In 2008, I became hooked on martial arts. I do not mean the Bruce Lee, Kung Fu, Crouching Tiger, Hidden Dragon craze from my youth. I have always loved these movies! However, my spare time spent hanging out with trained security guards on music tours opened up a world of self-defense techniques that I never could have imagined. These guys had endless cool, efficient ways to deflect and control aggressors and would generously show me basic concepts of “leverage & movement” vs. “size & strength.” I had a desire, at the very least, to scratch the surface of this painful new hobby.
The first couple of years were spent training in the arts of Kenpo, T’ai Chi, Brazilian Jiu Jitsu, and Muay Thai. Later, I added a bit of Judo, Escrima, and Wing Chun. Each of these styles offered its own unique and valuable techniques for handling violent situations. Eventually though, my spare time was becoming increasingly limited. I had to narrow down my training and decided to focus primarily on Brazilian Jiu Jitsu (which is known as a street self-defense and grappling submission art).
This brings me to the actual topic of this article. “Why would a drummer, whose career relies heavily on the healthy use of his arms, legs, and neck, choose a hobby where the main objective is to hyperextend arms, twist legs, and choke necks?” This is a valid question, and one that I get asked quite often.
I grew up in a quiet, suburban town in New Jersey, where we rarely, if ever, had to worry about everyday physical altercations. Yes, there were the occasional schoolyard punching matches, or the much-to-be-expected pushing and shoving battles amongst the bullies and rivals of the neighborhood. But rarely did I feel as though my life was on the line. Simply acting “tough” could get a kid out of most problems. As I got older though, I started to see the true value of being “calm under fire” in stressful situations. There were bar fights, car-jackings, muggings to consider. I was never so delusional to think that I could be a Jason Bourne-type figure against a group of armed thugs, but I did sense that it would be a practical skill to have confidence and to keep a level-head during “fight or flight” scenarios.
Brazilian Jiu Jitsu is exhausting. The constant jumping up, falling down, rolling, pushing, and pulling is a true total-body workout. I leave most classes feeling as though I have been through a war, or sometimes flattened by a Mac truck! But at the same time, I feel as though I am in the best shape of my life. Sore, but functional. Keep in mind, one must learn to train safely, which means knowing your own body and its limits, trusting your sparring partners, and always being on guard against accidental injuries.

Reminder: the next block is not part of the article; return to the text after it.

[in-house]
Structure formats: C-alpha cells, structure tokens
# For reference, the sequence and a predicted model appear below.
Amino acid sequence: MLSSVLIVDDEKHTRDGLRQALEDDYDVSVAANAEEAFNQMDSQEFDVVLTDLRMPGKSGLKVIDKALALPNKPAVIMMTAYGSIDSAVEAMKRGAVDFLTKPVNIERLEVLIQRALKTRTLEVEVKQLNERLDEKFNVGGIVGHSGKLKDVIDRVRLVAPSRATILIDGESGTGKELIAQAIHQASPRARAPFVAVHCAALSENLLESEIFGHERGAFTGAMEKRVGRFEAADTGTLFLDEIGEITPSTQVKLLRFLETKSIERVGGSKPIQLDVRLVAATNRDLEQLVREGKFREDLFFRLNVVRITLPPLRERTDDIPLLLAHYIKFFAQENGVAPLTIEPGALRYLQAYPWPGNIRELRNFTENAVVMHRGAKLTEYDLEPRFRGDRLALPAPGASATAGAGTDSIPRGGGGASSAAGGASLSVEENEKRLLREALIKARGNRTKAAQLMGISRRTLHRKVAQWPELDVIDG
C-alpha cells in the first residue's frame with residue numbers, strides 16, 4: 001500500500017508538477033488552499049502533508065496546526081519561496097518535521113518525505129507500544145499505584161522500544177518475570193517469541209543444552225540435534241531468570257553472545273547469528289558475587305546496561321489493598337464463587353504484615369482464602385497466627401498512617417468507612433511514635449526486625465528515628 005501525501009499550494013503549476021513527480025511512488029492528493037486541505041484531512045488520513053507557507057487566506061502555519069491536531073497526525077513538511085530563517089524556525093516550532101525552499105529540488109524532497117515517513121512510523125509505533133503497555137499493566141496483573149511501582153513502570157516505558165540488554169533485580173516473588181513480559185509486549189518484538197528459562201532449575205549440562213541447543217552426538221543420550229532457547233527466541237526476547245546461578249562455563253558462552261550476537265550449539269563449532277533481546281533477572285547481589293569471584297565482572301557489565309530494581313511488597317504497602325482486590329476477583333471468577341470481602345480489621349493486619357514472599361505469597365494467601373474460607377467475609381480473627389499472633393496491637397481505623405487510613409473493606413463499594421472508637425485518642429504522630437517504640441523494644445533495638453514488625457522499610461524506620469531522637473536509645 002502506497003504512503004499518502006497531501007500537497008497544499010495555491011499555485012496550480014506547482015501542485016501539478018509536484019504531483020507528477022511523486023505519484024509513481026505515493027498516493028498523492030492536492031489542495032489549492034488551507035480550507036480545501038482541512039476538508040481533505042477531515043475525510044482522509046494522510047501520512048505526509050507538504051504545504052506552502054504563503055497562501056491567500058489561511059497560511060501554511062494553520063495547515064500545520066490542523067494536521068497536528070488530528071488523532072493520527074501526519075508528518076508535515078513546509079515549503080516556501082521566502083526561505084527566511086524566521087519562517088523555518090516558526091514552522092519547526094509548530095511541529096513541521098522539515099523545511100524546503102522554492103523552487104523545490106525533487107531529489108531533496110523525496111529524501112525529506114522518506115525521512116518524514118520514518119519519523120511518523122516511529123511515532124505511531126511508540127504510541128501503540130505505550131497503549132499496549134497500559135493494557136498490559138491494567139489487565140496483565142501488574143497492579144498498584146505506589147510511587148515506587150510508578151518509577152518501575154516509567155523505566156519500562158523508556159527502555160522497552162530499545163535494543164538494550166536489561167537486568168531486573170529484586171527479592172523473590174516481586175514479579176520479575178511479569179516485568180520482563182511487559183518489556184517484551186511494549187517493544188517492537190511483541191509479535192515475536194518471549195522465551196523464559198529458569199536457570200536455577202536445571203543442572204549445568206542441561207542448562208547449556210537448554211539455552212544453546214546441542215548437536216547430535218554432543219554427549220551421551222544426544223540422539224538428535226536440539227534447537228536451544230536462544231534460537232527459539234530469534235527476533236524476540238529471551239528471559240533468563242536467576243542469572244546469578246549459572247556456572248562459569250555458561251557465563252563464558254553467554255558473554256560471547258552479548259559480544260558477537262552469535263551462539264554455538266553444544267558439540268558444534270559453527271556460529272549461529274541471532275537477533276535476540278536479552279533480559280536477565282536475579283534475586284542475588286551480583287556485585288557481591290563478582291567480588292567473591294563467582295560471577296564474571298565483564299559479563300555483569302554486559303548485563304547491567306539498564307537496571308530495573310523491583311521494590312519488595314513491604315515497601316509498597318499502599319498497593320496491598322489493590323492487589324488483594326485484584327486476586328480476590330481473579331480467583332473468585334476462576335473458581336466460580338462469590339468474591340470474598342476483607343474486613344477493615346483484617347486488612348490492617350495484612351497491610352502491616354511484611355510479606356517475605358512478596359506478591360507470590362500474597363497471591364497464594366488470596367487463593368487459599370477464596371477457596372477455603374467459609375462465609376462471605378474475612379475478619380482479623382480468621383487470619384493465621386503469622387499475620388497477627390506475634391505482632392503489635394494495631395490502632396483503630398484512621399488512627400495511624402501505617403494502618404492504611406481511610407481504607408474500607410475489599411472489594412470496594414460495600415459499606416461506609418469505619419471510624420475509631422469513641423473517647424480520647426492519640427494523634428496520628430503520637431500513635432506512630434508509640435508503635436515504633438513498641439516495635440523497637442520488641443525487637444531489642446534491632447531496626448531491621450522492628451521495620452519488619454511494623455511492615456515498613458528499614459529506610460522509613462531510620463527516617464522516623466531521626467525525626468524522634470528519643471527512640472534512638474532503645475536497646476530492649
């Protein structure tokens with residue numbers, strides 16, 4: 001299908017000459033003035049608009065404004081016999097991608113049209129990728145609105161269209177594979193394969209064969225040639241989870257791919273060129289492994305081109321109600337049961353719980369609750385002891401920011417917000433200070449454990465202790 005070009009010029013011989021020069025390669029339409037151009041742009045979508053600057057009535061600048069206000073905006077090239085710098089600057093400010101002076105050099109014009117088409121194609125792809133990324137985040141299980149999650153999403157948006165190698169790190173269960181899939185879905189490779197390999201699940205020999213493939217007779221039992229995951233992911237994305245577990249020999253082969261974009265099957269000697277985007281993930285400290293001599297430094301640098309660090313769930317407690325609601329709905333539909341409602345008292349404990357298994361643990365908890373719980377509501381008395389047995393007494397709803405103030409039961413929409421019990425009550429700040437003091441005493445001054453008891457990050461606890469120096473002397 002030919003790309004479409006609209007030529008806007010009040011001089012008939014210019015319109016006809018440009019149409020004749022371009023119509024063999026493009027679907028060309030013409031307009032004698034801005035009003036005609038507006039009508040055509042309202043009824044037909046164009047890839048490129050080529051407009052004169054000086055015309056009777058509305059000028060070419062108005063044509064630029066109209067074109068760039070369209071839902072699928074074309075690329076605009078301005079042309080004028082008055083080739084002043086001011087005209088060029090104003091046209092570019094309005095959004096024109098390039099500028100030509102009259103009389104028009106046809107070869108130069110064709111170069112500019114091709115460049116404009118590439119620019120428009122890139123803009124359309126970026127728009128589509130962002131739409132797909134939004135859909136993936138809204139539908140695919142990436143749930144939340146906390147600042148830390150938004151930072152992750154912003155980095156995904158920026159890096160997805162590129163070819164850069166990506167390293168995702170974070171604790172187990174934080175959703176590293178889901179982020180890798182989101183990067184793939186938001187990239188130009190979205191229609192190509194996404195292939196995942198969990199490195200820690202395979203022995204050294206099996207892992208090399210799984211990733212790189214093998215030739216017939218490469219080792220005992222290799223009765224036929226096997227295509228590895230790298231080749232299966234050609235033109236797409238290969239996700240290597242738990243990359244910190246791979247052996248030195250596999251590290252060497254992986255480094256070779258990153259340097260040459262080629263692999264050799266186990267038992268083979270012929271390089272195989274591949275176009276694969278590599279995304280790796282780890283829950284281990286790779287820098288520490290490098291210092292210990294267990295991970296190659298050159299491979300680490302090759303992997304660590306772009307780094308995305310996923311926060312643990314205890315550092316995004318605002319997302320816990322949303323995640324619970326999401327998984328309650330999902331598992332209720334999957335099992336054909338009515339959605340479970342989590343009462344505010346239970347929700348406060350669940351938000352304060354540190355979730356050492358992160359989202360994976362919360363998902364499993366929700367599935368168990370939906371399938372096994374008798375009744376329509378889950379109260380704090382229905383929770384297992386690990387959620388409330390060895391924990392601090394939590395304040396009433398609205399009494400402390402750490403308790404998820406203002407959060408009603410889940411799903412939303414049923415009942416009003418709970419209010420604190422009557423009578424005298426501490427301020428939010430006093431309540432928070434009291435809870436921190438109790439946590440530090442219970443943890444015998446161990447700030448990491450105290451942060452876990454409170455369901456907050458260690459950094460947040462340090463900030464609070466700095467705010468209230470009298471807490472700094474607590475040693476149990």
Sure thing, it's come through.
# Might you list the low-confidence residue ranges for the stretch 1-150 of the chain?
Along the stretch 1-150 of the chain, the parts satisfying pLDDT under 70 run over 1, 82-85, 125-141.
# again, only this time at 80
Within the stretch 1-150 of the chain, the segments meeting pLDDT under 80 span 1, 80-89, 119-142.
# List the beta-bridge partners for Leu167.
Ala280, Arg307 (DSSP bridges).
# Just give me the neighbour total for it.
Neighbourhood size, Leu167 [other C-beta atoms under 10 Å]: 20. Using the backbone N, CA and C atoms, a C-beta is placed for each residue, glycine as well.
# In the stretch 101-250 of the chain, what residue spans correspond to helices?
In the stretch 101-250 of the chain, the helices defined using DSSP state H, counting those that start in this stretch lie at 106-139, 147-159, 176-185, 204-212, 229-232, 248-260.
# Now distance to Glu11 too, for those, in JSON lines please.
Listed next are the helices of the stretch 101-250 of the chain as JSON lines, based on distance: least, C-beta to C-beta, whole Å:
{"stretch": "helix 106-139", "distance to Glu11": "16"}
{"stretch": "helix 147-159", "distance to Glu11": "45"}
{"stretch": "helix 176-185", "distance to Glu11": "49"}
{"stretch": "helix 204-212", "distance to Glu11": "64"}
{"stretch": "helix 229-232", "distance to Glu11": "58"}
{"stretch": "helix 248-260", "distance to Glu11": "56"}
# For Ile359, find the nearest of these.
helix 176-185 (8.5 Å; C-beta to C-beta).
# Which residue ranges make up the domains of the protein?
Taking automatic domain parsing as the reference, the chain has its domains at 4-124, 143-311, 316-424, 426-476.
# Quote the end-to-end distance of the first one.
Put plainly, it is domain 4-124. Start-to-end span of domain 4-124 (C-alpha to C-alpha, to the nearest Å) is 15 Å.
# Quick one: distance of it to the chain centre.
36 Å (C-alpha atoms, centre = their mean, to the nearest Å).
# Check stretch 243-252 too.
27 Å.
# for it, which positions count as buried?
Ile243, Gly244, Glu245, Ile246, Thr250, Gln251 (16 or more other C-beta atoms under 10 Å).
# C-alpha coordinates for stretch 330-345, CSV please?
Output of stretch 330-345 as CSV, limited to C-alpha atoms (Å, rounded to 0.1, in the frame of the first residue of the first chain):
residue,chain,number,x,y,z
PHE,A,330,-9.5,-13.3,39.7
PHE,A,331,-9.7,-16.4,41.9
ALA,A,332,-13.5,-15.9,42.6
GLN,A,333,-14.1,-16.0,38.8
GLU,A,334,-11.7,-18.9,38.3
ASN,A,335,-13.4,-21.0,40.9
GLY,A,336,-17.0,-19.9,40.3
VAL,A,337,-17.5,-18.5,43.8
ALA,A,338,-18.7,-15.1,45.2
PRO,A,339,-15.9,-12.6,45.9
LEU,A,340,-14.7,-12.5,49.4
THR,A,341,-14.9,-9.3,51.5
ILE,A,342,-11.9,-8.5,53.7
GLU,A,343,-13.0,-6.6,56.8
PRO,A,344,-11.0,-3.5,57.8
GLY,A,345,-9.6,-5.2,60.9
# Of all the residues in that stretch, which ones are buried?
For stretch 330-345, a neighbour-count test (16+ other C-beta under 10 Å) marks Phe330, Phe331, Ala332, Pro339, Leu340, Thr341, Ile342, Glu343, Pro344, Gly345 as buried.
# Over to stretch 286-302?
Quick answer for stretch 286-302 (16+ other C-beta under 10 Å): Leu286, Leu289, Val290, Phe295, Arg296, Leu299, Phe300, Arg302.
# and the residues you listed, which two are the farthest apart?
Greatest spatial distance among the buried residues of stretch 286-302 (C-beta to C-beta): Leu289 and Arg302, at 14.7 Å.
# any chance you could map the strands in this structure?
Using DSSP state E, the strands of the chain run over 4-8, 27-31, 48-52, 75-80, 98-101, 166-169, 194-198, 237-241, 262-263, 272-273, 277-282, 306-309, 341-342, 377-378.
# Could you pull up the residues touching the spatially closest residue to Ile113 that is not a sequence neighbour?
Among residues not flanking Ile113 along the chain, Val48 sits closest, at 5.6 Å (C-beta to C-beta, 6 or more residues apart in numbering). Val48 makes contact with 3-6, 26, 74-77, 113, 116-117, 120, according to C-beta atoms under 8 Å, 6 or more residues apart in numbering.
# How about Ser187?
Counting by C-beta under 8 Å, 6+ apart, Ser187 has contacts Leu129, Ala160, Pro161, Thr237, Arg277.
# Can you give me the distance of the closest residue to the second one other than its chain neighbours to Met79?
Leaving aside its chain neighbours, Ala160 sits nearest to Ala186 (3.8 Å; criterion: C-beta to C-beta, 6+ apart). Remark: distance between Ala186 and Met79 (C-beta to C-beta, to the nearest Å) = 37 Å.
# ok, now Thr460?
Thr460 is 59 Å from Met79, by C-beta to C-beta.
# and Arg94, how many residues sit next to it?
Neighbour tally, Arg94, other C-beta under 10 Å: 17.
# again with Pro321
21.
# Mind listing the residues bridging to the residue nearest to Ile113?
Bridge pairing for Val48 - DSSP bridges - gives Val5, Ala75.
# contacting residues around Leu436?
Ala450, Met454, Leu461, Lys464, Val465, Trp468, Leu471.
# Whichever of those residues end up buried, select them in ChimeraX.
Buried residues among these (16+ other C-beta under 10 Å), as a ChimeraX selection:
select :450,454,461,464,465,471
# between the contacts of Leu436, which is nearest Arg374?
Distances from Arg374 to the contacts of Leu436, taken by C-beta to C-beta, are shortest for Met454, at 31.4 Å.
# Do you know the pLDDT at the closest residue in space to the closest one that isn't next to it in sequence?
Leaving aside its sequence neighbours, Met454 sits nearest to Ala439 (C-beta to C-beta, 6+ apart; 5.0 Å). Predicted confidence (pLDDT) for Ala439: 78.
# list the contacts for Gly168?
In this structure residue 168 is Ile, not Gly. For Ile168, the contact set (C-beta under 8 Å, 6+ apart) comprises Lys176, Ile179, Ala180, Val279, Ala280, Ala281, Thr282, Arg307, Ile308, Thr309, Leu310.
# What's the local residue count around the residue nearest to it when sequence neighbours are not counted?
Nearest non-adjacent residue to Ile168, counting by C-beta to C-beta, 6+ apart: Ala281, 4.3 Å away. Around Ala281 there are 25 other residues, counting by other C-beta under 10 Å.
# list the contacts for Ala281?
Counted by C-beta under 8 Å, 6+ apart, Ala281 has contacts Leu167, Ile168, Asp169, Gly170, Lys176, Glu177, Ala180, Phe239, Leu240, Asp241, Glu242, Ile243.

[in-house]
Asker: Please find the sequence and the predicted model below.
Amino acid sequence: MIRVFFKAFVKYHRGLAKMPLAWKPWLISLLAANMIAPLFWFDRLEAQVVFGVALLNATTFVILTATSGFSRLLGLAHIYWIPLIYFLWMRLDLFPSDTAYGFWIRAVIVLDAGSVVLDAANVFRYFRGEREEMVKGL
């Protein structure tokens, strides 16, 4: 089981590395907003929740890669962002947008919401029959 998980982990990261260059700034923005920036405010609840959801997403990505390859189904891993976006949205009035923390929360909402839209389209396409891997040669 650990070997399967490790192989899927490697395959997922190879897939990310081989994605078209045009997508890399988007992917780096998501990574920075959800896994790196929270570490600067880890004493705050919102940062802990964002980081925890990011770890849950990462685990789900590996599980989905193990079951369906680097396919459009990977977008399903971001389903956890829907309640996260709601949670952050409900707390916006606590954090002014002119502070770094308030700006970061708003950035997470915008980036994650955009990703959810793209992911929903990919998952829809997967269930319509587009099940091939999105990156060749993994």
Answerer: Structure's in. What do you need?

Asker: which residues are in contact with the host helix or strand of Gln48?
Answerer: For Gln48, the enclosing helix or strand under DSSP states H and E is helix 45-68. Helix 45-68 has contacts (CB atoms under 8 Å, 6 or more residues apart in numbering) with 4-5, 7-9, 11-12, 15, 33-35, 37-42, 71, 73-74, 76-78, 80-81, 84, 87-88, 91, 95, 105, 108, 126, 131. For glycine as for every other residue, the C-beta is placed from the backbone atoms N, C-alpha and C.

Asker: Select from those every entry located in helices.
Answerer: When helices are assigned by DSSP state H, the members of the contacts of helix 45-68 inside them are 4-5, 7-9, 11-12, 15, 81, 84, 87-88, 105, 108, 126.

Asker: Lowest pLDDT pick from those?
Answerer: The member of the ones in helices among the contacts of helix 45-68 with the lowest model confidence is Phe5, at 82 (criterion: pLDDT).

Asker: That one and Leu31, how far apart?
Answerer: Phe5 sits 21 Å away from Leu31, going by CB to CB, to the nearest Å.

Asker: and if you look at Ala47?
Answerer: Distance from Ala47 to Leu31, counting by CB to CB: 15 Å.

3) Mental Chess
Jiu Jitsu is often referred to as “mental chess.” As you train, especially under the guidance of experienced black belt professors, you come to learn that there are virtually endless combinations of sequences depending on the “action/re-action” of your opponents. As you progress through your years of training, your mind buzzes with replays of everything that occurred during your recent class or match. If you happened to defeat your training partner, how? What worked well, and what could have worked better? If you lost to your partner, why? What did he do correctly, and what did you do incorrectly? If you spent 20 minutes sparring with a classmate and you both ended in a stalemate, what should you both do to improve?
4) Sense Of Brotherhood
Not only have I spent years training with my friends in my hometown of Los Angeles, but I have also graciously been allowed to visit dozens of esteemed Jiu Jitsu academies across the globe during my travels. I must admit that I was surprised by the incredible bond that exists between almost everyone who chooses to put time “on the mats” sweating and pursuing this particular martial art. Jiu Jitsu is a bizarre community where, one minute you’re trying to kill your classmate, and then immediately hugging and congratulating each other on doing such a great job. Somehow that strange cocktail of danger and positive energy creates a special camaraderie amongst the brothers and sisters of Jiu Jitsu.